How to disable Taskbar Thumbnails in KDE Every desktop environment has its share of good and bad features, and a few good features that some find a little bit annoying. The Taskbar Thumbnail...
How to add and manage users in Pear Linux 5 Creating and managing user accounts in Pear Linux 5 or any other desktop Linux distribution is a very simple task. This article touches on the differe...
Debian 6 installation and disk partitioning guide Debian 6.0, aka Squeeze, is the latest release of Debian, a multi-purpose, GNU/Linux distribution. Like previous releases, Debian 6 (Debian 6 review)...

We Recommend These Vendors and Free Offers

ContainerizeThis 2016 is a free, 2-day conference for all things containers and big data. Featured, will be presentations and free, hands-on workshops. Learn more at ContainerizeThis.com

Launch an SSD VPS in Europe, USA, Asia & Australia on Vultr's KVM-based Cloud platform starting at $5:00/month (15 GB SSD, 768 MB of RAM).

Deploy an SSD Cloud server in 55 seconds on DigitalOcean. Built for developers and starting at $5:00/month (20 GB SSD, 512 MB of RAM).

Want to become an expert ethical hacker and penetration tester? Request your free video training course of Online Penetration Testing and Ethical Hacking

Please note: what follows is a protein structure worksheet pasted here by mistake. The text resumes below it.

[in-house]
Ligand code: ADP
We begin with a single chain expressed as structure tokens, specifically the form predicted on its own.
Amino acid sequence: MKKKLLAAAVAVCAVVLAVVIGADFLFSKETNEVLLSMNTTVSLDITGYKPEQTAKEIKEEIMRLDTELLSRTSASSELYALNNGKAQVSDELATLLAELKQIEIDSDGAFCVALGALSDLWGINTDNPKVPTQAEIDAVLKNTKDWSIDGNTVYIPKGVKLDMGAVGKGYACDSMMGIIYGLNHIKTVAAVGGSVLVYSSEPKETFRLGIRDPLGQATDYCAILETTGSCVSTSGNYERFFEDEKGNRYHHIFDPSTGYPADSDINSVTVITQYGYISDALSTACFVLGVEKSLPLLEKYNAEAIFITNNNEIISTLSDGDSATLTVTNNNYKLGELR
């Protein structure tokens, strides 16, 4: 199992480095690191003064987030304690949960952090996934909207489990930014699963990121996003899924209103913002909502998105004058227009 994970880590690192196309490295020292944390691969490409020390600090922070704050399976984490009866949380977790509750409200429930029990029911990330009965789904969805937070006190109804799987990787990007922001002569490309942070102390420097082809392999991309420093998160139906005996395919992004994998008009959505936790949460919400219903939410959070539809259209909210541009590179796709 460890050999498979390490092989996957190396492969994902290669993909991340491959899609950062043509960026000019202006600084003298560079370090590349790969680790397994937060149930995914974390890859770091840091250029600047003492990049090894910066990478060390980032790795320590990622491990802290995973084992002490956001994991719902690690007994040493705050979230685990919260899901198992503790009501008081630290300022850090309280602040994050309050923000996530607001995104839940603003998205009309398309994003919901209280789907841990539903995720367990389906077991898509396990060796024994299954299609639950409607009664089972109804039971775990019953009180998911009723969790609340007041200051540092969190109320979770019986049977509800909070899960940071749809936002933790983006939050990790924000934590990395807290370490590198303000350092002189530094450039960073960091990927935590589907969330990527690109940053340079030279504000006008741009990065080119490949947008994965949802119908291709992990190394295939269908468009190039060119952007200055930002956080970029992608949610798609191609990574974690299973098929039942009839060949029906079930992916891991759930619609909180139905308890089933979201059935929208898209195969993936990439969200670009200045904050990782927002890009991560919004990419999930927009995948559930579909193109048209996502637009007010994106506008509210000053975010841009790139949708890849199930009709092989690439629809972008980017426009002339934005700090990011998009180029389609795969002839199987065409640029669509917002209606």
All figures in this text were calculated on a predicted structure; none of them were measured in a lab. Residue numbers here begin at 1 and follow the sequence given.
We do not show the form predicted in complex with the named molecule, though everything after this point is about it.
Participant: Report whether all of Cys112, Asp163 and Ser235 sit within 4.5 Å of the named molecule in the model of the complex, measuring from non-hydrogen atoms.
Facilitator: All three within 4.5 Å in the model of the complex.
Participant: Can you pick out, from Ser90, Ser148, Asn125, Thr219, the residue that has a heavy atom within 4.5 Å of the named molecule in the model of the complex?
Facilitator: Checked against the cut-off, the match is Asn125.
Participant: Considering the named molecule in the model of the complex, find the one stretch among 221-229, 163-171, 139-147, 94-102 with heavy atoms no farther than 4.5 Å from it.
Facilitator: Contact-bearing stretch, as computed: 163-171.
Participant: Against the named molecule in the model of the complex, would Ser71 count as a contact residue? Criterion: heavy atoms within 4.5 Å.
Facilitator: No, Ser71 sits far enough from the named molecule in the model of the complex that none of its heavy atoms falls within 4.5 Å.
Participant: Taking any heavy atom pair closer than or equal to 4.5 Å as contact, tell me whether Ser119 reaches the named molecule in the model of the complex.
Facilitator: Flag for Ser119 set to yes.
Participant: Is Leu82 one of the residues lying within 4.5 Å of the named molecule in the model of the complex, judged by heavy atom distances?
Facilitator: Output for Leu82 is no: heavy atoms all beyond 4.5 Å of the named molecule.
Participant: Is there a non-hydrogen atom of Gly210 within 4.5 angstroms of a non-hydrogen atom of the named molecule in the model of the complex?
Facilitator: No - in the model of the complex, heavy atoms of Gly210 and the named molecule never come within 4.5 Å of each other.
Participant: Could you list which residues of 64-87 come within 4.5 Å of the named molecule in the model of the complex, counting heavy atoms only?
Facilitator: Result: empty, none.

Whether you're new to Linux or are a Linux guru, you can learn a lot more about the Linux kernel by requesting your free ebook of Linux Kernel In A Nutshell.


9 Comments

  1. Hi, I have a few questions. Is it necessary to create a boot partition if you’re dual booting from separate drives? I followed your Linux Mint partitioning guide and had problems. Then I went back and realized that guide was for a single drive setup. Doh!

    Now, for Grub. I understand Pardus uses Grub Legacy whereas Mint uses Grub2. Any advice on where I should install Grub for Pardus? Or which bootloader I should let be the default. Would you happen to have any links to guides on adding entries to the bootloader I end up using? I have one for adding Mint to Grub Legacy but it seems a little complicated for a noob like me. Thank you for your time and your guides.

    • A boot partition is not necessary if 2 hard drives are involved, and, afaik, it does not matter which distro is on sda or sdb. Note that a boot partition makes boot recovery operations a bit easier, so it is not only when dual-booting that you need a separate partition for /boot.

      If you install Pardus on sda, and Mint on sdb, by default, Mint’s installer will install GRUB 2, Mint’s boot loader, in the MBR of sda, with an entry for Pardus added automatically to the boot menu. This is the easiest way. No modifications to GRUB files needed. The reverse is also true, if you install Mint on sda and Pardus on sdb.